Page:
In the prior code example, there are two methods, Start and Update, and the class EnemyHealth inherits from the MonoBehavior base class, which lets you simply assign that class to a GameObject. Theres a lot of functionality in that base class youll use, and typically a few methods and properties. The main methods are those Unity will call if they exist in your class. There are a handful of methods that can get called seebit.ly/jeA3UM. Though there are many methods, just as with the ASP.NET Web Forms Page Lifecycle, you typically use only a few. Here are the most common code methods to implement in your classes, which relate to the sequence of events for MonoBehaviorderived classes
Hierarchy All the game objects in the scene. Note the use of the term GameObjects and the GameObjects dropdown menu.
The first thing I do is rightclick in the Project window to create a new C script called EnemyAI. To assign this script to an object, I simply drag the script file from the project view to the object in the Scene view or the Hierarchy and the code is assigned to the object. Unity takes care of the rest. Its that easy.
Then, one day, I decided to experiment with Unity, and I saw it could do some amazing things. This is the first article in a fourpart series that will cover the basics and architecture of Unity. Ill show how to create D and 3D games and, finally, how to build for the Windows platforms.
Figure shows the Enemy cube with the script assigned to it.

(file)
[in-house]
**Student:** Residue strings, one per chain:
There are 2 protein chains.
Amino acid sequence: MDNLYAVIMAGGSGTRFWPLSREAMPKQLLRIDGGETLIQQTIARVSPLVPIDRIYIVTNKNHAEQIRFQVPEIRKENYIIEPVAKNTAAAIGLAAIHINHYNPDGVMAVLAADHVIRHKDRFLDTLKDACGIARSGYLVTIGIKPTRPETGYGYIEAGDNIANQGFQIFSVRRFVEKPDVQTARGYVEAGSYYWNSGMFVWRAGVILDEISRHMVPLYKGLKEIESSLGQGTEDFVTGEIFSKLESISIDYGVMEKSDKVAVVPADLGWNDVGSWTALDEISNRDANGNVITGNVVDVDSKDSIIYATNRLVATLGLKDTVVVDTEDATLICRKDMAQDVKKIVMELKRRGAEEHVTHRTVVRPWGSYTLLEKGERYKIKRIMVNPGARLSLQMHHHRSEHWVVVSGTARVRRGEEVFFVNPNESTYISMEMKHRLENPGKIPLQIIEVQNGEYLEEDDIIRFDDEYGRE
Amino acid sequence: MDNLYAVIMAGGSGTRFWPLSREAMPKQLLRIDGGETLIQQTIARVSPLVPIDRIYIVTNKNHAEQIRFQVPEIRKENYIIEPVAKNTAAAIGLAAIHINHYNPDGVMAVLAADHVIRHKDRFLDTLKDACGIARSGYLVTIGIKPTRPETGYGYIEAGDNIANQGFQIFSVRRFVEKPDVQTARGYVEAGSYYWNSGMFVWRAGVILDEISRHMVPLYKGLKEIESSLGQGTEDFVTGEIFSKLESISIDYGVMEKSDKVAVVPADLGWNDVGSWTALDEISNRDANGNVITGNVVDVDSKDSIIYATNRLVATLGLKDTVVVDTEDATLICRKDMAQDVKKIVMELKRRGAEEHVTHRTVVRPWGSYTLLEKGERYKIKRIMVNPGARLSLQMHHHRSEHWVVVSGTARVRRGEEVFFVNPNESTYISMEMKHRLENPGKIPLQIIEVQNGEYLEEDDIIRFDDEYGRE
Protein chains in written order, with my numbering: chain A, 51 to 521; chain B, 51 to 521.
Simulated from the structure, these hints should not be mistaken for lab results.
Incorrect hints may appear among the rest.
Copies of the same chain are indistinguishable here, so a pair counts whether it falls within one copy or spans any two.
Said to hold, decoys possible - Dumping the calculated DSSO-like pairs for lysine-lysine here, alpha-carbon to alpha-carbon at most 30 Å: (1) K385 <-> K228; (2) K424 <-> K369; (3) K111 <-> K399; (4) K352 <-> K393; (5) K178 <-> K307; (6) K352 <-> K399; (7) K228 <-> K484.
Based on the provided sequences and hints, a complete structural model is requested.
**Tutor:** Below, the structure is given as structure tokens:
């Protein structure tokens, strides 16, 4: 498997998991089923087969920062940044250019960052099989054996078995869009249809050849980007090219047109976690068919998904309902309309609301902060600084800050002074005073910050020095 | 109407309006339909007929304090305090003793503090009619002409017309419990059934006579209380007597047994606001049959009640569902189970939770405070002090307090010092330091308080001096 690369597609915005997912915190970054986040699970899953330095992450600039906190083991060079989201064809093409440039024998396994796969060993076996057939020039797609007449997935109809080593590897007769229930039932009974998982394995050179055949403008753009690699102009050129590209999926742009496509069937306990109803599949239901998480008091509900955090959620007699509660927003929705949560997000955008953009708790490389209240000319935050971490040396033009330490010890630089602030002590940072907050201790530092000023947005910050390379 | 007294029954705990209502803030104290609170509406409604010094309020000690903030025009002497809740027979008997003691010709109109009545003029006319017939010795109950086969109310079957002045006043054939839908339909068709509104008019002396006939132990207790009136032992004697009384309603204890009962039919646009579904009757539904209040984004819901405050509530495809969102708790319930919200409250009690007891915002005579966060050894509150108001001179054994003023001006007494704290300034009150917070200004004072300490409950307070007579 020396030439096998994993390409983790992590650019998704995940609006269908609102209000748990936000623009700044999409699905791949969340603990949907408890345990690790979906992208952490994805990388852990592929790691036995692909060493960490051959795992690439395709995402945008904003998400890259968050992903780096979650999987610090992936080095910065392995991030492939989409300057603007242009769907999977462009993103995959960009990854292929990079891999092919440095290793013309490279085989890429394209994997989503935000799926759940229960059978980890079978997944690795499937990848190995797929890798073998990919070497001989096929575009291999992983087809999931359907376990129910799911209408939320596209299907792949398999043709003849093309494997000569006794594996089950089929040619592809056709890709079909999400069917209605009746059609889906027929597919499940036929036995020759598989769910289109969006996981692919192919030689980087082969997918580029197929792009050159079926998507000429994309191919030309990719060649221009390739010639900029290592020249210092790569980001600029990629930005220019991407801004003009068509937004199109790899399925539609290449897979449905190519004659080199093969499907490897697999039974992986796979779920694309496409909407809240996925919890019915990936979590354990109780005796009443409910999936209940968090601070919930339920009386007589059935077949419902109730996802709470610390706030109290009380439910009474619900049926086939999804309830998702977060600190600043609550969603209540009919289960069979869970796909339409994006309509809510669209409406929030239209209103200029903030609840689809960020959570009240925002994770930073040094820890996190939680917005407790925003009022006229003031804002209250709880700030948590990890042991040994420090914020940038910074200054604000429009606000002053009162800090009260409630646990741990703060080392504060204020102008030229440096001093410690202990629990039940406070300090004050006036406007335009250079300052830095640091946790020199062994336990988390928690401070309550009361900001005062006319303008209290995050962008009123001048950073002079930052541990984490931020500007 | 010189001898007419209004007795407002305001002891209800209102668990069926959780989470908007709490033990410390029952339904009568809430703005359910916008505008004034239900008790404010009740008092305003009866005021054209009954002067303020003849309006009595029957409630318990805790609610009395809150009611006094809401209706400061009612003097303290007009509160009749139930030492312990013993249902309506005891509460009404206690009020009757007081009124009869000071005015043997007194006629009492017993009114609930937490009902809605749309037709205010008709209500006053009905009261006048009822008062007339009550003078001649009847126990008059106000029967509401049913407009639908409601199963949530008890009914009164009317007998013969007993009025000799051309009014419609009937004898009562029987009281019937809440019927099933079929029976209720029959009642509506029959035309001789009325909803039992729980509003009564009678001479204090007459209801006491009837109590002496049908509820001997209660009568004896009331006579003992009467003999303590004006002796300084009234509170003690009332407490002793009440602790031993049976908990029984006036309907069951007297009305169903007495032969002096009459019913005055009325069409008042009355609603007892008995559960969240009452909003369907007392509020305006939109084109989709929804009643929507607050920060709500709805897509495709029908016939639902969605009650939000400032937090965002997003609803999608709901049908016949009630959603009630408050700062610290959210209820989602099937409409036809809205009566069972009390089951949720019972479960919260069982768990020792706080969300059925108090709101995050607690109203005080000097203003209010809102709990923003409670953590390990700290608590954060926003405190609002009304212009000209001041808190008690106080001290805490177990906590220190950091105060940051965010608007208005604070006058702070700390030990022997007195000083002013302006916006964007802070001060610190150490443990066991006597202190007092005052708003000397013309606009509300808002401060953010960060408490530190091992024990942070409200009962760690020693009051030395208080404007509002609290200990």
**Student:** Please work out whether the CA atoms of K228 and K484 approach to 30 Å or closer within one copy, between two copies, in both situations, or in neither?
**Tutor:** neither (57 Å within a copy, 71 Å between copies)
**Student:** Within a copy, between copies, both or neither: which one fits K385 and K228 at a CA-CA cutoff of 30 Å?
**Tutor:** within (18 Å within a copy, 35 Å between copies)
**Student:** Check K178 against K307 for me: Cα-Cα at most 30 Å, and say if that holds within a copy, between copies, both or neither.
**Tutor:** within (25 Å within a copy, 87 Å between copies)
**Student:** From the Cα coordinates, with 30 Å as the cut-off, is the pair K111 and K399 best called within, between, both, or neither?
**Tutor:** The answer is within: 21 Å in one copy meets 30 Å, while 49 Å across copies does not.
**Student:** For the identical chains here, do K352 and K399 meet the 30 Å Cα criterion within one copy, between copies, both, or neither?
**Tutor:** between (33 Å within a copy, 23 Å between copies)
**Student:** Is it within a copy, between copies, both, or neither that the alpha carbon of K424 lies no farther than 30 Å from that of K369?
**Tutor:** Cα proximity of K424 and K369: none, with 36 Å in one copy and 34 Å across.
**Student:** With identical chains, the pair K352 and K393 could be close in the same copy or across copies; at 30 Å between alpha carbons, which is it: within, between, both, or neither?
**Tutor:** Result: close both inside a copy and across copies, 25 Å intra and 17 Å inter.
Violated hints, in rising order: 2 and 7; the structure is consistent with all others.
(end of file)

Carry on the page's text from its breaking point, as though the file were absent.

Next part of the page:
Inspector The components properties of the selected object in the scene.
Receive the MSDN Flash email newsletter every other week, with news and information personalized to your interests and areas of focus.
Where does Microsoft fit into this? Microsoft and Unity work closely together to ensure great platform support across the Microsoft stack. Unity supports Windows standalone execules, Windows Phone, Windows Store applications, Xbox 3 and Xbox One.
I hesitate to describe anything Unity isnt as people challenge that all the time. However, Unity by deult isnt a system in which to design your D assets and 3D models except for terrains. You can bring a bunch of zombies into a scene and control them, but you wouldnt create zombies in the Unity deult tooling. In that sense, Unity isnt an assetcreation tool like Autodesk Maya or 3DSMax, Blender or even Adobe Photoshop. Theres at least one thirdparty modeling plugin ProBuilder, though, that allows you to model 3D components right inside of Unity; there are D world builder plugins such as the D Terrain Editor for creating D tiled environments, and you can also design terrains from within Unity using their Terrain Tools to create amazing landscapes with trees, grass, mountains, and more. So, again, I hesitate to suggest any limits on what Unity can do.
For each of those projects, theres a duplicate project created with vs appended to it, AssemblyCSharpvs.csproj, for example. These projects are used if Visual Studio is your code editor and they can be added to your exported project from Unity for platformspecific debugging in your Visual Studio solution.
Unity projects arent like Visual Studio projects. You dont open a project file or even a solution file, because it doesnt exist. You point Unity to a folder structure and it opens the folder as a project. Projects contain Assets, Library, ProjectSettings, and Temp folders, but the only one that shows up in the intece is the Assets folder, which you can see inFigure .
Thanks to the following technical experts for reviewing this article Matt Newman Subscience Studios, Jaime Rodriguez Microsoft and Tautvydas Žilys Unity
Phase 3 comprises all other scripts that arent inside an Editor folder. This phase creates the AssemblyCSharpEditor.csproj project.